Actually everyone shines in Brooklyn. Brooklyn was the first film I screened for TIFF. I sat in the theatre beside my friend Teri Hart and we just smiled at each other the whole way through. This film is sweet and warm and difficult and it’s kind. I don’t know if I’ve ever used the word “kind” to describe a movie before but this was my takeaway. Saoirse plays an Irish girl who moves to America to build her life. She could have been a Chinese girl from Hong Kong who moved to Canada to build her life. And to give life. Which is the story of my mother. And, perhaps, your mother. Or your grandmother. All the anxieties, the fears, the wonder, the determination, all of these are universal immigrant emotions. The geography is not important. Saoirse’s responsibility then in this role is to be that girl for everyone no matter where they’re from. And she was. For me, she totally was.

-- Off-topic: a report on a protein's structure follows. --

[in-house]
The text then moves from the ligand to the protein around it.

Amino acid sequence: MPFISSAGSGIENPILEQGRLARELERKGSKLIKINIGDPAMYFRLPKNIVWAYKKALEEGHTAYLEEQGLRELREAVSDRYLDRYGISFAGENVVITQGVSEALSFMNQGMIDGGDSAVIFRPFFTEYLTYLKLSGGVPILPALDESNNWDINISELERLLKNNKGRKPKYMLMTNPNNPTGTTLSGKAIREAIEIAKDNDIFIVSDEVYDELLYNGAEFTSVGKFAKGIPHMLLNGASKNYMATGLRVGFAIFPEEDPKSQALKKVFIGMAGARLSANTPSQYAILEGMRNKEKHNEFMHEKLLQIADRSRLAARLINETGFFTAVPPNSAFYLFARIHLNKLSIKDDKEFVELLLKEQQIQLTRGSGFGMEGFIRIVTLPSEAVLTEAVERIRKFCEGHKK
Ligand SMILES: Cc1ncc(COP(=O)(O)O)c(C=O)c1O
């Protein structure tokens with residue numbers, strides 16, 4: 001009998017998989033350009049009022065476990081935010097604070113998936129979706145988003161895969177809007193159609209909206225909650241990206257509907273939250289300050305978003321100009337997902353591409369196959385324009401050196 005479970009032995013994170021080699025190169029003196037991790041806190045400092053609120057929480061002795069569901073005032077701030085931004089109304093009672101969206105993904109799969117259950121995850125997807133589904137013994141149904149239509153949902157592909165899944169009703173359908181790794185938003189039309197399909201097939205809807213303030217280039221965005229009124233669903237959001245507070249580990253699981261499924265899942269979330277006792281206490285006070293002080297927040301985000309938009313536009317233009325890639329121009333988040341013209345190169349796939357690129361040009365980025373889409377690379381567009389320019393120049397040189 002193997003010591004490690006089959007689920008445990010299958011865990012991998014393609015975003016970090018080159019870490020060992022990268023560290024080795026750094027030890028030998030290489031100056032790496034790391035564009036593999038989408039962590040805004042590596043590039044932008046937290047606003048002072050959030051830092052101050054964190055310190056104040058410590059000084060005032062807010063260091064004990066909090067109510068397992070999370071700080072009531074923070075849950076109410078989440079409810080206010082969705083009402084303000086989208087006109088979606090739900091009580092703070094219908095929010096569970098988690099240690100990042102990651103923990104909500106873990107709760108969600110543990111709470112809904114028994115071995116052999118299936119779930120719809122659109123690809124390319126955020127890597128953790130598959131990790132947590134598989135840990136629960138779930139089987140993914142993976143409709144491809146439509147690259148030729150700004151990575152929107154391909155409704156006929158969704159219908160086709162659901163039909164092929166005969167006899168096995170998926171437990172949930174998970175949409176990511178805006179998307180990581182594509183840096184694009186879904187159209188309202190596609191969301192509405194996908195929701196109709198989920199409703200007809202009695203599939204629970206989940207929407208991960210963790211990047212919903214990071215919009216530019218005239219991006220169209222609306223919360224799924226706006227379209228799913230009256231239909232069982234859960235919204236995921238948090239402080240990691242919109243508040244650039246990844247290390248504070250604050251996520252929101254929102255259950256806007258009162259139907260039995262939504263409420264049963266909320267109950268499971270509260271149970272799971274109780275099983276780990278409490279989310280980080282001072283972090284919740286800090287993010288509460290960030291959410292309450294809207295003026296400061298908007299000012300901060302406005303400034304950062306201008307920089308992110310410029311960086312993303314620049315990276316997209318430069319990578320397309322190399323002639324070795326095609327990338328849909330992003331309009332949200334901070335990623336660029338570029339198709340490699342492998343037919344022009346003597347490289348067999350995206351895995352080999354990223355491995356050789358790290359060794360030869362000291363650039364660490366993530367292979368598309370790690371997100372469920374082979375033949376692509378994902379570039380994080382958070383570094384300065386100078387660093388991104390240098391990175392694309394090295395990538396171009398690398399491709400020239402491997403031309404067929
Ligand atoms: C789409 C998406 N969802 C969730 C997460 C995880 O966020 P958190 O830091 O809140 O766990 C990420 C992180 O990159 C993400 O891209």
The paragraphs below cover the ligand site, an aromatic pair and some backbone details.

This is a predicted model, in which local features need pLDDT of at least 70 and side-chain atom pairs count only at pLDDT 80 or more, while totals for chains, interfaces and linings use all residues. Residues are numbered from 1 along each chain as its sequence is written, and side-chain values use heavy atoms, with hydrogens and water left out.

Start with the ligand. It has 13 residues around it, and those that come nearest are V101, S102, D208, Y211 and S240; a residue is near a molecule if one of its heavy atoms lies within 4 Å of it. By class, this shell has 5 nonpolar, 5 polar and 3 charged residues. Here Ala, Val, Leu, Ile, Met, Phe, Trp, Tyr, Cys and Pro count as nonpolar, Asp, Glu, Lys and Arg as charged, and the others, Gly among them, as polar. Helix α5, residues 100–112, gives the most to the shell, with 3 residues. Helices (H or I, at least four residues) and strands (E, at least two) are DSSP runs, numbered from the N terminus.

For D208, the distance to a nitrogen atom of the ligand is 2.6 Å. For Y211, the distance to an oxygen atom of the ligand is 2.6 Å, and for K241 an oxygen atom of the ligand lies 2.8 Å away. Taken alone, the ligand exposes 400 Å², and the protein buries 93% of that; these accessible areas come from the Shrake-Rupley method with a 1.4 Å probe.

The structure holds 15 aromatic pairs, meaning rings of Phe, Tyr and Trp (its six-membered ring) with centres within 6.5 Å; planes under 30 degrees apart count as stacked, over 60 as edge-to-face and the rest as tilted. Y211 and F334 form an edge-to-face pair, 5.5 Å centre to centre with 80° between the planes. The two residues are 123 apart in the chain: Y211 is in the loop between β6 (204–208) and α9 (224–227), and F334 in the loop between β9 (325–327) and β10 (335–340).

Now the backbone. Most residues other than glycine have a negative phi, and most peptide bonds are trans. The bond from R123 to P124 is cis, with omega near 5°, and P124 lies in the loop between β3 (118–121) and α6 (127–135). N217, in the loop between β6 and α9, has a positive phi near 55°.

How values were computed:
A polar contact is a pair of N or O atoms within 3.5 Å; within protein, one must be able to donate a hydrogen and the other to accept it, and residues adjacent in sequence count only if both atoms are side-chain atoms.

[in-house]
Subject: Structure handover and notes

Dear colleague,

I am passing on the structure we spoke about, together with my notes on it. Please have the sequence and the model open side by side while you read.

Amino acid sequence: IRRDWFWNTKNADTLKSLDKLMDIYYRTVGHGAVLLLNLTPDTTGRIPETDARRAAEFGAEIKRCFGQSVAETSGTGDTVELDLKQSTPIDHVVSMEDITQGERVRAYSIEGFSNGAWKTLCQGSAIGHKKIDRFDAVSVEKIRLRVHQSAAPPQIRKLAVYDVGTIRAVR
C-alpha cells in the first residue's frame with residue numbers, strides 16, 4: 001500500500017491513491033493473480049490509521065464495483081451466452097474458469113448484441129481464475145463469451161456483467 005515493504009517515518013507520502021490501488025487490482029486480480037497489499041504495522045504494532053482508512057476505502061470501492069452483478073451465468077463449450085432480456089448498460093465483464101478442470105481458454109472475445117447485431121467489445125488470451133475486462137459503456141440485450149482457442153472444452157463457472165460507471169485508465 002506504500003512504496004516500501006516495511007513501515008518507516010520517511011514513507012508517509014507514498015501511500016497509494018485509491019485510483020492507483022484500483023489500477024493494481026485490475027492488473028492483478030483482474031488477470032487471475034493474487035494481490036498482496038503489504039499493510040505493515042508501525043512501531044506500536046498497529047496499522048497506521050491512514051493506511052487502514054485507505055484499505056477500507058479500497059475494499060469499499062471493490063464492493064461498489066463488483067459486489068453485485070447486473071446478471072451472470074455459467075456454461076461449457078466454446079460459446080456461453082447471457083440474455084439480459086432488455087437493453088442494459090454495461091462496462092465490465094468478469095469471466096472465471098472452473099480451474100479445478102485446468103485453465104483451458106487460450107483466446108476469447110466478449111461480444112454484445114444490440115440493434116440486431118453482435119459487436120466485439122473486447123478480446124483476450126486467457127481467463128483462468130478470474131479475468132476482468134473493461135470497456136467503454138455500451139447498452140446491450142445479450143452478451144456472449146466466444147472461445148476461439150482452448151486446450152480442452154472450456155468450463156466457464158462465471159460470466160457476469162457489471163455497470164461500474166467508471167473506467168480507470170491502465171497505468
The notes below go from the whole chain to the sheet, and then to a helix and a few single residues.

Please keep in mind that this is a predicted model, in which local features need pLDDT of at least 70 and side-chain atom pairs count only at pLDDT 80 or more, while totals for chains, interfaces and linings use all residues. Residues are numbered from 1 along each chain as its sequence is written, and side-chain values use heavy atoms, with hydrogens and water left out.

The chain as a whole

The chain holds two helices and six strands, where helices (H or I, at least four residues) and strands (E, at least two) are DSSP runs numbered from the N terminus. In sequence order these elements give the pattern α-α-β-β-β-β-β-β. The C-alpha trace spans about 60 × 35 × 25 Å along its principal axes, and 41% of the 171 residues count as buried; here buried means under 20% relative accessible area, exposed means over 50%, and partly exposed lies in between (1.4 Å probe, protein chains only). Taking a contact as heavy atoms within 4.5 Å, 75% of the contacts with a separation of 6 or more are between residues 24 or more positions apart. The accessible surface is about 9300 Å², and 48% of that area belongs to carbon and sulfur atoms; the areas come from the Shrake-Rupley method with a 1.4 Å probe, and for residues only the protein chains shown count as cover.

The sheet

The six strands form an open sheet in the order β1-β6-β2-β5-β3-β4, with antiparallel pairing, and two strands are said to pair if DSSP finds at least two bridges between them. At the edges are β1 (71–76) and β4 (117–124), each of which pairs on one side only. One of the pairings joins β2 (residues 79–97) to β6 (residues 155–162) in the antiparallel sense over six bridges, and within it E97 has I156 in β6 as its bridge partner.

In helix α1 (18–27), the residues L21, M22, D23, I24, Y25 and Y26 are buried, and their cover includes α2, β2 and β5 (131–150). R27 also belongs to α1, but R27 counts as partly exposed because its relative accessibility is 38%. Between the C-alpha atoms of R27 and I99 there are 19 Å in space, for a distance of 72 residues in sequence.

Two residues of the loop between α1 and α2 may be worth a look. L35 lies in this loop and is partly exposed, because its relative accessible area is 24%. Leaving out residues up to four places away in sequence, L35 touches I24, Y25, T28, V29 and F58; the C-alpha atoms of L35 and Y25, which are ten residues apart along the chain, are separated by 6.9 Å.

Which I told her when I interviewed her during the festival. And what I love about our conversation is that she wanted to hear about those experiences. I was there to lob questions at her that she could answer from memory. Our discussion was an exchange of background. She made me believe that she wanted to relate her own family’s move from Ireland to New York back to Ireland to my family’s journey from Hong Kong to Toronto, and how difficult and rewarding that ongoing straddle can be. It was strange – strange because, well, generally actors are selfish and self-absorbed. Saoirse Ronan is so generous that, to be honest, it kinda freaked me out.

Here she is at the London Film Festival premiere of Brooklyn last night. The film opens in North America on November 4th. A new trailer was just released yesterday. It’s a perfect holiday movie. Go see it.